In Blessing White’s 2008 "Sources of Hire" report, they summarize the following:
Key findings for 2007 include
Internal Transfers and Promotions constitute 30.0% of all the positions a company fills. 15 firms are at or approaching 50%. We note that no firm markets the specific details of this fact openly to their prospects as proof of their value proposition to develop their employees. This is a missed opportunity.
This would mean that being inside a company would increase your opportunities of getting the job. A great example of this is Wegmans. In order to really see what jobs are available in their corporate offices, you need to be an employee. I know a woman who was looking for supplemental income so she took a job in the Bakery at Wegmans. Her real occupation was Marketing, so when she saw a job posting for a marketing job in the main office on the internal posting board, she applied. This woman got the job. Could she have learned about it from the outside, NO.
Referrals (employee, alumni, vendor, etc.) make up 28.7% of all external hires and are arguably the number one external source. (Employee referrals make up between 80-90% of the hires attributed to this category. Alumni and other types of referrals appear to be growing rapidly). The efficiency of referrals i.e. every third referral turns into a hire is one of the single most important characteristics of US hiring practices and not leveraged as well as it might be.
Employers are using employee referrals to attract almost 28% of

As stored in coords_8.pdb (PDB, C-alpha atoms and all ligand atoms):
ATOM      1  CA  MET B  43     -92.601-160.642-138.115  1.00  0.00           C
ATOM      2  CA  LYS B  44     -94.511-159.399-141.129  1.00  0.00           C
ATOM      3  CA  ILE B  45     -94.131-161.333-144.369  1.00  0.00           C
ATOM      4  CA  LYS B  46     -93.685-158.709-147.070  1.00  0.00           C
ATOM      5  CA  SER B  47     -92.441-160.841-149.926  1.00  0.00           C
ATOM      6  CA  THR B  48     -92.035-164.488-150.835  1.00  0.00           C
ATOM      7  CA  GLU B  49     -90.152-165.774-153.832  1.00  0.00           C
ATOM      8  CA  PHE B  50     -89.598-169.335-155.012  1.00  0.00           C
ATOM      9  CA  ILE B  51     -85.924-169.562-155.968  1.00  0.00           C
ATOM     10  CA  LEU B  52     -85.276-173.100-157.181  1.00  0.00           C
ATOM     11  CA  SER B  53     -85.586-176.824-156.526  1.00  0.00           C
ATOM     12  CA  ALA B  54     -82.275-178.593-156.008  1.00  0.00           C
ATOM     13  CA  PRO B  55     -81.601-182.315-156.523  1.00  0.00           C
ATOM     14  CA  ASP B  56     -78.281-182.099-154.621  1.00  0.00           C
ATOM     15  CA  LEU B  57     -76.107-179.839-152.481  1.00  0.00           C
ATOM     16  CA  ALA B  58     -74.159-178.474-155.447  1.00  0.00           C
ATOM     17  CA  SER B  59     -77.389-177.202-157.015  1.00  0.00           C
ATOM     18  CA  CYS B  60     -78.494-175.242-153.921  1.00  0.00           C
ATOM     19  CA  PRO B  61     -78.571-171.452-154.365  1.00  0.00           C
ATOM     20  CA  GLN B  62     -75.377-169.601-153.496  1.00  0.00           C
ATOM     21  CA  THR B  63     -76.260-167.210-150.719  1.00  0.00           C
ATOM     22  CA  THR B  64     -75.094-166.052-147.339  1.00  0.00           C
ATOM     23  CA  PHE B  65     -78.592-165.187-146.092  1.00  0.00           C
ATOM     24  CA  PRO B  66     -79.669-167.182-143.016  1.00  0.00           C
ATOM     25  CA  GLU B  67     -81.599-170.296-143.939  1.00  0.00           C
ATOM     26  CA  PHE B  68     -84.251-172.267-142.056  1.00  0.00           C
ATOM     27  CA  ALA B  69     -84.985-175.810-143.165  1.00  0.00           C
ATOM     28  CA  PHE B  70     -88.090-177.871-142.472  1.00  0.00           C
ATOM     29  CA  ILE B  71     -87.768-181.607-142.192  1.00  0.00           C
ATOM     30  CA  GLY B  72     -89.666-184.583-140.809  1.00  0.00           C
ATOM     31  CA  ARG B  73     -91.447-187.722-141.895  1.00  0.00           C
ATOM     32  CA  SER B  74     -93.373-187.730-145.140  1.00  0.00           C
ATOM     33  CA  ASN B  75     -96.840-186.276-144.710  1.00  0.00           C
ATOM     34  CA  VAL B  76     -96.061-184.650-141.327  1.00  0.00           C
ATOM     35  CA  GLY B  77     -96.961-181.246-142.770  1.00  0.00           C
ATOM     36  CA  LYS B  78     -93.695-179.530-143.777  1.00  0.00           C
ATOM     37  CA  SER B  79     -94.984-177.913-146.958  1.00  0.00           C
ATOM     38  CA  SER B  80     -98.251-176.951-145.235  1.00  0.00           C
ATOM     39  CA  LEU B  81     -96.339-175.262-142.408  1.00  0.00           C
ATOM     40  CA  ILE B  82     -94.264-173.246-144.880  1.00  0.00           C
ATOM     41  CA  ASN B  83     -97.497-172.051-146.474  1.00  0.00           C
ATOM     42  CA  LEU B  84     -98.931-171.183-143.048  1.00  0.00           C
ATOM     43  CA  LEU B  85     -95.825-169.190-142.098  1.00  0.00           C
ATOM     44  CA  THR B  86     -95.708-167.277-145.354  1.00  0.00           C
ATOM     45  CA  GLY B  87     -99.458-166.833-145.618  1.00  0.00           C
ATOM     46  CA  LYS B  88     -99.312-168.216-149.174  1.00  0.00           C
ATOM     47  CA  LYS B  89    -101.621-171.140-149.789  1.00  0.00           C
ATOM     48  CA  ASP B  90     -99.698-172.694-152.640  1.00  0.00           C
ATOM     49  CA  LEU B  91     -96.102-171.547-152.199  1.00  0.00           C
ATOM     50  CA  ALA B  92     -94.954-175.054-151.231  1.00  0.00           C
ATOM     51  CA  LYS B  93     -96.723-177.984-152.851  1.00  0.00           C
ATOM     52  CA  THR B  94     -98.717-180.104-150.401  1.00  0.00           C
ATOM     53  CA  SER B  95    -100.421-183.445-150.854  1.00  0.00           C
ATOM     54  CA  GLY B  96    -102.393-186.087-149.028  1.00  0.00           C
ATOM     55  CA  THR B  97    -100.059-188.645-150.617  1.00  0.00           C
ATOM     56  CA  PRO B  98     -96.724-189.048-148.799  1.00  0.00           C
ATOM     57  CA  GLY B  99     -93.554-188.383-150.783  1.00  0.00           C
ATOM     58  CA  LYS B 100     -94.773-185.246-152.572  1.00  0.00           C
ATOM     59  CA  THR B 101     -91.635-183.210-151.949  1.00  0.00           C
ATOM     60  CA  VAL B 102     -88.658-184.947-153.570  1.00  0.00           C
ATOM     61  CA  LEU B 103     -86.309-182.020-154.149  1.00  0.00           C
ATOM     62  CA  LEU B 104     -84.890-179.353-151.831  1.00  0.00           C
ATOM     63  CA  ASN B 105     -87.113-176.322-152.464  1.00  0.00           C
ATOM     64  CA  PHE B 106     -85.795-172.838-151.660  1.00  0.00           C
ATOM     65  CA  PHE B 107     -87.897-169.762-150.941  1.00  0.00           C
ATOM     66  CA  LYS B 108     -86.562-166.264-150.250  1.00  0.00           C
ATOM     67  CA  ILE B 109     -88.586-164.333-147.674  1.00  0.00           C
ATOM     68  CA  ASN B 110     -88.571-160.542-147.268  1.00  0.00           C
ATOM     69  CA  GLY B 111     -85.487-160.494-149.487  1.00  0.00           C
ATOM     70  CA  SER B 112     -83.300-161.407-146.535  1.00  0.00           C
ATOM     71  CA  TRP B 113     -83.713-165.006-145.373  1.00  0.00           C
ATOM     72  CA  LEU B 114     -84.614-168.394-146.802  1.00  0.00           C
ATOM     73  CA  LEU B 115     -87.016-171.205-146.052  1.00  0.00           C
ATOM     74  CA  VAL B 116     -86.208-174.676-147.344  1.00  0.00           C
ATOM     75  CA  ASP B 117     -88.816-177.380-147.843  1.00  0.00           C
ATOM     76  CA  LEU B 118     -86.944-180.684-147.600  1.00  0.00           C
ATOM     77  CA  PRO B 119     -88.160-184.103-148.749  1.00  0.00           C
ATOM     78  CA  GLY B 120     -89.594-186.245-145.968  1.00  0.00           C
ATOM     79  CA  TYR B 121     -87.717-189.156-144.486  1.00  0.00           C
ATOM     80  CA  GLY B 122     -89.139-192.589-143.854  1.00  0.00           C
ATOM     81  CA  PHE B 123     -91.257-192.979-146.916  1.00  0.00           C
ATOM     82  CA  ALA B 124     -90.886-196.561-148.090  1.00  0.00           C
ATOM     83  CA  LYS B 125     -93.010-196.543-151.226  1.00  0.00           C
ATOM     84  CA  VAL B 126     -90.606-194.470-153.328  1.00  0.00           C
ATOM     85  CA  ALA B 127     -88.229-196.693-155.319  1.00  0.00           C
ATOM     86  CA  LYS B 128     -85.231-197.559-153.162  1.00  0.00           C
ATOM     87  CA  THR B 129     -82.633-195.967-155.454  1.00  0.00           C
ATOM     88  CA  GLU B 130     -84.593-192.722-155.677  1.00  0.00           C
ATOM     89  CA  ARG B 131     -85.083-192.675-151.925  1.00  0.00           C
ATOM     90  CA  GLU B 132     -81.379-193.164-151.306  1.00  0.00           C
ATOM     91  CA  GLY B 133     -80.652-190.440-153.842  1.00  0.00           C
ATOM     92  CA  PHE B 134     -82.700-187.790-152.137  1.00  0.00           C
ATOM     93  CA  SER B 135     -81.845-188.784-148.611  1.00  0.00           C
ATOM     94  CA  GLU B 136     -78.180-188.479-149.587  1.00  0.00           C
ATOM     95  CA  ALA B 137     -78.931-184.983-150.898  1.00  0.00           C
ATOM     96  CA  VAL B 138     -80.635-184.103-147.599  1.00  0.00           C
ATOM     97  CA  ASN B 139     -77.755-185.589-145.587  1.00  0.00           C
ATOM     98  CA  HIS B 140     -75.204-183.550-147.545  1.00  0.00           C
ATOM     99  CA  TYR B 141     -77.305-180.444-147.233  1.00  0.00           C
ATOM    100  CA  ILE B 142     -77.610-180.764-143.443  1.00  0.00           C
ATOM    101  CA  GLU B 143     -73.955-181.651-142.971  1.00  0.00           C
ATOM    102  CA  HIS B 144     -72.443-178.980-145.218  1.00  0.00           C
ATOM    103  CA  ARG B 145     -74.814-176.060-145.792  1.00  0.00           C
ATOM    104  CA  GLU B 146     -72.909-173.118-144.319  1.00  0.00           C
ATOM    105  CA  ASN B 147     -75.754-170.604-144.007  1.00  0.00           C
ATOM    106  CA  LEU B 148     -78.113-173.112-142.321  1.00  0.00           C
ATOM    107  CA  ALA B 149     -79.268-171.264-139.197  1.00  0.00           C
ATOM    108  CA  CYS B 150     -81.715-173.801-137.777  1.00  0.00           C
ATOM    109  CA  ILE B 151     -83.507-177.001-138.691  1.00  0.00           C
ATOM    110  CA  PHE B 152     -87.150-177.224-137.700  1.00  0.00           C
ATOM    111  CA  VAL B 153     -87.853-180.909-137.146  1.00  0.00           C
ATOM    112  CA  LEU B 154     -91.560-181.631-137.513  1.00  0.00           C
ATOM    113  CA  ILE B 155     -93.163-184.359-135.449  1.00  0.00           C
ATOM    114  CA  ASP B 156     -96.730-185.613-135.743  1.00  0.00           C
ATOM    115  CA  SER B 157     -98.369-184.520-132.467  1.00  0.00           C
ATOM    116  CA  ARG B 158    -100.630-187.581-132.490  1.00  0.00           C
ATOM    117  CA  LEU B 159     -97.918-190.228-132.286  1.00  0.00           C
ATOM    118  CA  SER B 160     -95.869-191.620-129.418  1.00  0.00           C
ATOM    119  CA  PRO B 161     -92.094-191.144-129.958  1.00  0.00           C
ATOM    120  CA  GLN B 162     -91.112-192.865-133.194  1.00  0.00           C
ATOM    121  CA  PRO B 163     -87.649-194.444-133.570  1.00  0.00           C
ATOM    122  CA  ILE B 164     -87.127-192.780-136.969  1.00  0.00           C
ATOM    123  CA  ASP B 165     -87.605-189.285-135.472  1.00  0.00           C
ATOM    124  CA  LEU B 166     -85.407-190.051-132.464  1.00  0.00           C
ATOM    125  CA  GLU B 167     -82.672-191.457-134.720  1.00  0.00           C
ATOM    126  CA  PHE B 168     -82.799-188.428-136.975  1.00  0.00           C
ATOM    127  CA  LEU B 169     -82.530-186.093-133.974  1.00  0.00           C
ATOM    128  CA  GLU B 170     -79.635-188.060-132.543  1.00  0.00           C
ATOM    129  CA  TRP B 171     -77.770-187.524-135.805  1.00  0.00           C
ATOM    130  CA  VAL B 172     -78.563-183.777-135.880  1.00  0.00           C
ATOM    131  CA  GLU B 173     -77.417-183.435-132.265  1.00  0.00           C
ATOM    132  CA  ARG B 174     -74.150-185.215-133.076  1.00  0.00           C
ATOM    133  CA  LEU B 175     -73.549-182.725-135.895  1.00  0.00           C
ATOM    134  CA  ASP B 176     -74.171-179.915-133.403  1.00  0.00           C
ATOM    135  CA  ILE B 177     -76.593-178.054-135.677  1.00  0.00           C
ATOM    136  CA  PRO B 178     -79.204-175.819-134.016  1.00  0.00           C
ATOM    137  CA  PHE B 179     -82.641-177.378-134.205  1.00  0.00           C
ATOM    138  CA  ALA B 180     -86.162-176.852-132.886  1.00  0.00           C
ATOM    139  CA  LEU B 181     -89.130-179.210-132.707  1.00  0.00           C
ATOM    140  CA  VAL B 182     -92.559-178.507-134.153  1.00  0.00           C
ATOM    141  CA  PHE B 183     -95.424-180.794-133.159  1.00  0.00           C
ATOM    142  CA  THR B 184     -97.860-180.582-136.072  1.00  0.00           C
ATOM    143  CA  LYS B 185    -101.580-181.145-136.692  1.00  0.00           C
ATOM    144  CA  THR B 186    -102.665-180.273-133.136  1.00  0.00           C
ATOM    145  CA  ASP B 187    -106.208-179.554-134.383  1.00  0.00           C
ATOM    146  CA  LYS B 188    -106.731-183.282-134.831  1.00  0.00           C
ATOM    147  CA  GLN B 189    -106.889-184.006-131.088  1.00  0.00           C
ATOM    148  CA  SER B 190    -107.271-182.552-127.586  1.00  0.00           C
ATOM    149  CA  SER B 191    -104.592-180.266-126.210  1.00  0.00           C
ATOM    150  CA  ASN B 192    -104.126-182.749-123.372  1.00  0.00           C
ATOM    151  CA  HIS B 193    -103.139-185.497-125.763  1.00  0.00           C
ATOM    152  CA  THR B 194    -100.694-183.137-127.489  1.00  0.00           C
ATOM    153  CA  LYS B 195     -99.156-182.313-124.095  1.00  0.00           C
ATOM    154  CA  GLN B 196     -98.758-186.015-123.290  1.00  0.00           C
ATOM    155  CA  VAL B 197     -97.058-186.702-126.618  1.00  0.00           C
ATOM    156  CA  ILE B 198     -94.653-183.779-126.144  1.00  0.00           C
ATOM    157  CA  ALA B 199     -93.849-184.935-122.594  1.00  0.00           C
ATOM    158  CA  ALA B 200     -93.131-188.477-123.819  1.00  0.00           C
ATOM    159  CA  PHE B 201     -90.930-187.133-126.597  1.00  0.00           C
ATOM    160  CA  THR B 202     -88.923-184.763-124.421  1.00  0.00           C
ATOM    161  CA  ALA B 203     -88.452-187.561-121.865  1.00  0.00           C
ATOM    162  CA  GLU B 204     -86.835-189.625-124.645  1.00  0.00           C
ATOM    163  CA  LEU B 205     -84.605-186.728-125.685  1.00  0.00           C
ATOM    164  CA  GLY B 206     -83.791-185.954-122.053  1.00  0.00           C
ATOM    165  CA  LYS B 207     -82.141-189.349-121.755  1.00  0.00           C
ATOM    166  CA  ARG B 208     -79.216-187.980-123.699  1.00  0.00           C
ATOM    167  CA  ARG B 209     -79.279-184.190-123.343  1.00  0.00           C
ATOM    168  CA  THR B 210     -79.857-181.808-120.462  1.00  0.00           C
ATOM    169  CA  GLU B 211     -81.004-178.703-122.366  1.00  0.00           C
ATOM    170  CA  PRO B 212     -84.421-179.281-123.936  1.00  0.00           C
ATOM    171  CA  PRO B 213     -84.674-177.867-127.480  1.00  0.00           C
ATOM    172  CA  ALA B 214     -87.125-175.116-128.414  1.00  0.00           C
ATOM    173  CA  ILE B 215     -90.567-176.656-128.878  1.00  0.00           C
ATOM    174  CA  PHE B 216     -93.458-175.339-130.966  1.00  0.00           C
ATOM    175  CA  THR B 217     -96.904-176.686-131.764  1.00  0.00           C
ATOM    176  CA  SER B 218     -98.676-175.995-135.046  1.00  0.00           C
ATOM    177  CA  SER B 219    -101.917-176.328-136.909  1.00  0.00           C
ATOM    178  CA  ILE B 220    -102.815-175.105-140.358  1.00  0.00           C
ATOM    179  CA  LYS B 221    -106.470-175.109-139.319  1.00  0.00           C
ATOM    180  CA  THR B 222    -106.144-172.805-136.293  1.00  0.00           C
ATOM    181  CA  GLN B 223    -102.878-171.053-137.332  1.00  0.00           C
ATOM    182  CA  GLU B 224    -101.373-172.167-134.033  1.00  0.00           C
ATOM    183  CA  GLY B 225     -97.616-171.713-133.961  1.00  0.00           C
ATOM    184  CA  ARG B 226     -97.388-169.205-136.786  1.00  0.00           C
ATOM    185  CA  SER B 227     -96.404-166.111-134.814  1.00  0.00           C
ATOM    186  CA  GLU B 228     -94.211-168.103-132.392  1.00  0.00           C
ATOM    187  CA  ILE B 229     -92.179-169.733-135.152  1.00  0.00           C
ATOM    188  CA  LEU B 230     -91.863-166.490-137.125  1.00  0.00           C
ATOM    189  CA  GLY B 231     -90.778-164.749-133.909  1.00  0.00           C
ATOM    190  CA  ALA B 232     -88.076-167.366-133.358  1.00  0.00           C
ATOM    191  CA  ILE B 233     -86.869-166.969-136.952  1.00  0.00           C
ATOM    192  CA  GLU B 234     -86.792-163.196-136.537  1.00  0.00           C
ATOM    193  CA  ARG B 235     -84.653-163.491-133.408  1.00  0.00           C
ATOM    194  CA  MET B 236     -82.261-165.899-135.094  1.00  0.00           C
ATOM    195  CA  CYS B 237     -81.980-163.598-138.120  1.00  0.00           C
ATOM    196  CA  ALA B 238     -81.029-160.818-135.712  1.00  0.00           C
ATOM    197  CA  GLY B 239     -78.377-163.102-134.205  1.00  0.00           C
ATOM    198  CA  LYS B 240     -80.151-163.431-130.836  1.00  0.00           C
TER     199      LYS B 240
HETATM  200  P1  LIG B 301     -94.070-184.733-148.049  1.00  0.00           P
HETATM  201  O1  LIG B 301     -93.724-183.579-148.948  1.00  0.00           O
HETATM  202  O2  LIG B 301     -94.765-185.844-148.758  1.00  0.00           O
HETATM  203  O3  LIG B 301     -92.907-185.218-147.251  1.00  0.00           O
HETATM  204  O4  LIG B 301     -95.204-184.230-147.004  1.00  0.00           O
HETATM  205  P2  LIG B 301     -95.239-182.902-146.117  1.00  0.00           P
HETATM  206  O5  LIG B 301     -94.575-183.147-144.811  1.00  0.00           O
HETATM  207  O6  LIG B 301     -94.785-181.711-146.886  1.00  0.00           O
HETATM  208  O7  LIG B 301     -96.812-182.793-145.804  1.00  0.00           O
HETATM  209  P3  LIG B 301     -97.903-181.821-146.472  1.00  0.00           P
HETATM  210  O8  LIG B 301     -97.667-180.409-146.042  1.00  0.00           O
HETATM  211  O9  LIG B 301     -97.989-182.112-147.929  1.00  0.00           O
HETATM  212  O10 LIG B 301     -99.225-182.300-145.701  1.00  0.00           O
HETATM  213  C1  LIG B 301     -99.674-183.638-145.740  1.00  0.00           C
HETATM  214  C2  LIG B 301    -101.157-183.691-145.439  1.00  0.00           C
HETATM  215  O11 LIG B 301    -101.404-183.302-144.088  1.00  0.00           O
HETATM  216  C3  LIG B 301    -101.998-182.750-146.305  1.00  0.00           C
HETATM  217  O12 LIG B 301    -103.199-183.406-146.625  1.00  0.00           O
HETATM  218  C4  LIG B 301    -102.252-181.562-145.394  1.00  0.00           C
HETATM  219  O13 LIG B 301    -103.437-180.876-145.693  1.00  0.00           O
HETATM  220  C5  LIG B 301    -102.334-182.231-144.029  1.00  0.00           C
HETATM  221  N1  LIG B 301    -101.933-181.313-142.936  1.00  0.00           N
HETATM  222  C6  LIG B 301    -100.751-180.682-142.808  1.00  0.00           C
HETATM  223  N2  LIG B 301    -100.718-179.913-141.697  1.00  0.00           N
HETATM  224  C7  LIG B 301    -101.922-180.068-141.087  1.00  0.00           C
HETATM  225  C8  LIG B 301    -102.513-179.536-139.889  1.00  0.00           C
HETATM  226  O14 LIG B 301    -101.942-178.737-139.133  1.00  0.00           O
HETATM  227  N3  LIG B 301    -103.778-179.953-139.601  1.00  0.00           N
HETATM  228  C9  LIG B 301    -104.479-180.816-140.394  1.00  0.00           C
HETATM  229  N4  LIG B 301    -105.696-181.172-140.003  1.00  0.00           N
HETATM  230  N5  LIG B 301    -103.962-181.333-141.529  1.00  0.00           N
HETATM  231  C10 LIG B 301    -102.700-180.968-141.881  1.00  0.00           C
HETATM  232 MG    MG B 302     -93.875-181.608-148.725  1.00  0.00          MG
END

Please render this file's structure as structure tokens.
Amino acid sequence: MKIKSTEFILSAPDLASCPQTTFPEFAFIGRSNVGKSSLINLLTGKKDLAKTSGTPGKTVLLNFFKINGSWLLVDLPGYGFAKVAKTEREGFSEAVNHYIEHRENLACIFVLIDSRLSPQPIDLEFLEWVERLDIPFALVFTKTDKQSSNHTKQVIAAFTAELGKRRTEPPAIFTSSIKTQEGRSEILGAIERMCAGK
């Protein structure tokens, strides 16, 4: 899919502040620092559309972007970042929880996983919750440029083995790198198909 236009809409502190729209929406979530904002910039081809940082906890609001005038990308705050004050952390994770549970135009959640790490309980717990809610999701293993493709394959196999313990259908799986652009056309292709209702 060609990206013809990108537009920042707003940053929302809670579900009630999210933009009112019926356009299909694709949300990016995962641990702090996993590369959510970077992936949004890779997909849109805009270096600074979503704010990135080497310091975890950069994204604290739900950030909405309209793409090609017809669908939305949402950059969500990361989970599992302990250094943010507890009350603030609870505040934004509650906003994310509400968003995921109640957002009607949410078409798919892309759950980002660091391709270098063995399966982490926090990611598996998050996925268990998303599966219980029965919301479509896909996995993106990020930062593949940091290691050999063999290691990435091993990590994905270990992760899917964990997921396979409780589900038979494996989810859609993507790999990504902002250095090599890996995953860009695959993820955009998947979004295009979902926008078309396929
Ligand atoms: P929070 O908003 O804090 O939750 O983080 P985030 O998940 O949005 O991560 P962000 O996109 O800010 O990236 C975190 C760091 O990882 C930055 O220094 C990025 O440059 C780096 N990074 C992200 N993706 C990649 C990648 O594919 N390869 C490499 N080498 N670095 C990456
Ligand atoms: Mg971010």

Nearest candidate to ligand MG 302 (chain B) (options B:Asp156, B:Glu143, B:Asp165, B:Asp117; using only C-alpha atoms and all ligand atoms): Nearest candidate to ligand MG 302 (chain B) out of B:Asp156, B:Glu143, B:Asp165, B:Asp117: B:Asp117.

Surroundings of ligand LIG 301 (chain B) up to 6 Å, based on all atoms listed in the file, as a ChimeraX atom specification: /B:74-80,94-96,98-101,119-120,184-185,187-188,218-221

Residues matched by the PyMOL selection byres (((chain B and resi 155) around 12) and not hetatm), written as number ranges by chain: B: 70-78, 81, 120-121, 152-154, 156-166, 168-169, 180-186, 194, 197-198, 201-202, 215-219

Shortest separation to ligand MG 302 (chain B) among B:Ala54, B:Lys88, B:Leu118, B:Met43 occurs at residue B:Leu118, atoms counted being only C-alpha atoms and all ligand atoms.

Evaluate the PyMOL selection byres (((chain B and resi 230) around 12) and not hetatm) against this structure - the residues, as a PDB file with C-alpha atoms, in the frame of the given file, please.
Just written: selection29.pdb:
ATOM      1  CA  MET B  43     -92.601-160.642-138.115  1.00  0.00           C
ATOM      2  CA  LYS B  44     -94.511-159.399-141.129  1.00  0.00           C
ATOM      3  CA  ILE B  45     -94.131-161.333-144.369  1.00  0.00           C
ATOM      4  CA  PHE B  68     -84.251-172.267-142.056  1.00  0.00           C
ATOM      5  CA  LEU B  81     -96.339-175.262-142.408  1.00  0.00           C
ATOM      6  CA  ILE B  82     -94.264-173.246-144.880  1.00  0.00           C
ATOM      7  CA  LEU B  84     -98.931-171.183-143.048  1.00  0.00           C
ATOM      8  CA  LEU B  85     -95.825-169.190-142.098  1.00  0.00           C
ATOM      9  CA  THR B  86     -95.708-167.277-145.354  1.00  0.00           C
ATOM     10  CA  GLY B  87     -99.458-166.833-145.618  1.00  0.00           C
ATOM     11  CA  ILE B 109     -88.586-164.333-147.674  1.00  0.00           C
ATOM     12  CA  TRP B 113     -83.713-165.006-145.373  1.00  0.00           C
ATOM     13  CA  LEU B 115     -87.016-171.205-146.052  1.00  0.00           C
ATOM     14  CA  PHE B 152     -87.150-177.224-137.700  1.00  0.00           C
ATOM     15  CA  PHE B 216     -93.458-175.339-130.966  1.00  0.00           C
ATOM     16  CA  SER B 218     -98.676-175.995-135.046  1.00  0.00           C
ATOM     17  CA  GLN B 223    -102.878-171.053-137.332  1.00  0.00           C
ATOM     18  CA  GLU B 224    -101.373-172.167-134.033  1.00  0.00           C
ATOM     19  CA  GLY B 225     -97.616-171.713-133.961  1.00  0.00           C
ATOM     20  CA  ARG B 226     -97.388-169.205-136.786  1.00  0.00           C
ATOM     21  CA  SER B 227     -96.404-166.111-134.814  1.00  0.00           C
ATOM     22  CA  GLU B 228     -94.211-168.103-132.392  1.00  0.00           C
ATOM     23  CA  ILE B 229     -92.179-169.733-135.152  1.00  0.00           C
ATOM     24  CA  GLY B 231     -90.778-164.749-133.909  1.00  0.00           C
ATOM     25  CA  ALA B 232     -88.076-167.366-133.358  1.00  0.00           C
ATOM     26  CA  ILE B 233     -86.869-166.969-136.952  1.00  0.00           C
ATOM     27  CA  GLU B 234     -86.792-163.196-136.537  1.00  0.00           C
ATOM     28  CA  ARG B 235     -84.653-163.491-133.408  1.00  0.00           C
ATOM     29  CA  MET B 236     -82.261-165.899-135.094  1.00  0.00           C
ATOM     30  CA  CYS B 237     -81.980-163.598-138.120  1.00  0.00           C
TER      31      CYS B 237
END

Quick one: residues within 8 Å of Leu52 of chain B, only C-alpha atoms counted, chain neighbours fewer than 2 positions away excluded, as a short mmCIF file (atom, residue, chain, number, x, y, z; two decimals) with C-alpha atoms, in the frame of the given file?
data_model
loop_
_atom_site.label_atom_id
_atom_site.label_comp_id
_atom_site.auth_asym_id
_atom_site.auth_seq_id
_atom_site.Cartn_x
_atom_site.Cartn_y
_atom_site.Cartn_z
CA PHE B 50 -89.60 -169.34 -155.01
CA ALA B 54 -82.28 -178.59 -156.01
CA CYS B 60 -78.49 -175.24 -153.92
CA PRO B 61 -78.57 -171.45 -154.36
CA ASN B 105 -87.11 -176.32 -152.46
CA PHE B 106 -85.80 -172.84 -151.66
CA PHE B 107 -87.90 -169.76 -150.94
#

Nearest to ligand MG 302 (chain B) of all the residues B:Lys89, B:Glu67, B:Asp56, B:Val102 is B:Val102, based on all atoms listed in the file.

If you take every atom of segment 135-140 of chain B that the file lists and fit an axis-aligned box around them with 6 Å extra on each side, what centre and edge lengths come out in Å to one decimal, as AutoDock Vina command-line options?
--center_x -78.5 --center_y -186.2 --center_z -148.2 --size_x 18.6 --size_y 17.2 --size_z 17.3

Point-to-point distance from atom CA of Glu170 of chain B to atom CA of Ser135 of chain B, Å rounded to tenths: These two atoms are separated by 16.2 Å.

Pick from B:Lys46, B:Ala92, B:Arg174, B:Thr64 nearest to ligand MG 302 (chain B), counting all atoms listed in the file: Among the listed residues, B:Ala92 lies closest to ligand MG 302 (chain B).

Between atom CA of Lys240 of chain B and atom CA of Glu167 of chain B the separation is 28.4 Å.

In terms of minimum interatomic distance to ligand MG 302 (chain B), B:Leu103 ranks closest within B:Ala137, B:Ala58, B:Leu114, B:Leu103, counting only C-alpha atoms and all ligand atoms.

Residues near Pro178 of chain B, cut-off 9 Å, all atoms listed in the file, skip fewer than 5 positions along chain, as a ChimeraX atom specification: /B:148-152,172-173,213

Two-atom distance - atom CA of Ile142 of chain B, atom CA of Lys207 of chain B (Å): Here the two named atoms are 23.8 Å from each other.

the external hiring they do. I know of at least one company that
rewards its employees with a pay out for referring successful hires- Paychex. Are there others, I am pretty sure there are. So if you are looking for a job at Paychex, find someone who works there to forward your resume. There is a process, so make sure you follow it.
Hires attributed to Job Boards (including the Company site as a job board) represent 25.7% of external hires.
Hires attributed to the Company Website are suspect (we maintain that the company website is a destination not a source). If one of every eight external hires that are tagged with the company site as a source were to describe how they got to the website, then other sources might be significantly elevated.
Employers are cheap and lazy. I say that tongue and cheek. Really what I mean is that it costs nothing for them to put their job postings on their websites. They can also put it up and take it down whenever they want. All this for free. The other reason they may chose to do this is because they really don’t want to sift through 500 resumes. It’s easier to look through the several as they slowly trickle in. Though Blessing White has discouraged this method, it’s pretty commonplace at least in Rochester, where over 80% of the businesses here have less than 100 employees. It just makes sense for them.
There is no silver bullet for diversity hires. Affinity groups, employee referrals and dedicated recruiters are considered the most productive means to reach diversity candidates.
The most visible trend in 2007 was the growth of Direct Sourcing (and a related reduction in agency hires).
While it appears that hiring through agencies is down, I wouldn’t discourage contract work. It’s great for skill development, evaluating different companies cultures and networking. Plus, you just never know what can happen.
For the first time in seven years of conducting this survey, more firms are predicting that they will make fewer hires in 2008 than 2007.
The last point is no big surprise. It doesn’t mean that companies won’t be hiring replacements for those retiring, relocating or being promoted.
In summary, understanding the mindset of companies and analyzing how they have been hiring will hopefully help you to understand the necessity to network. If you are not out there talking to other fellow employees, you MUST.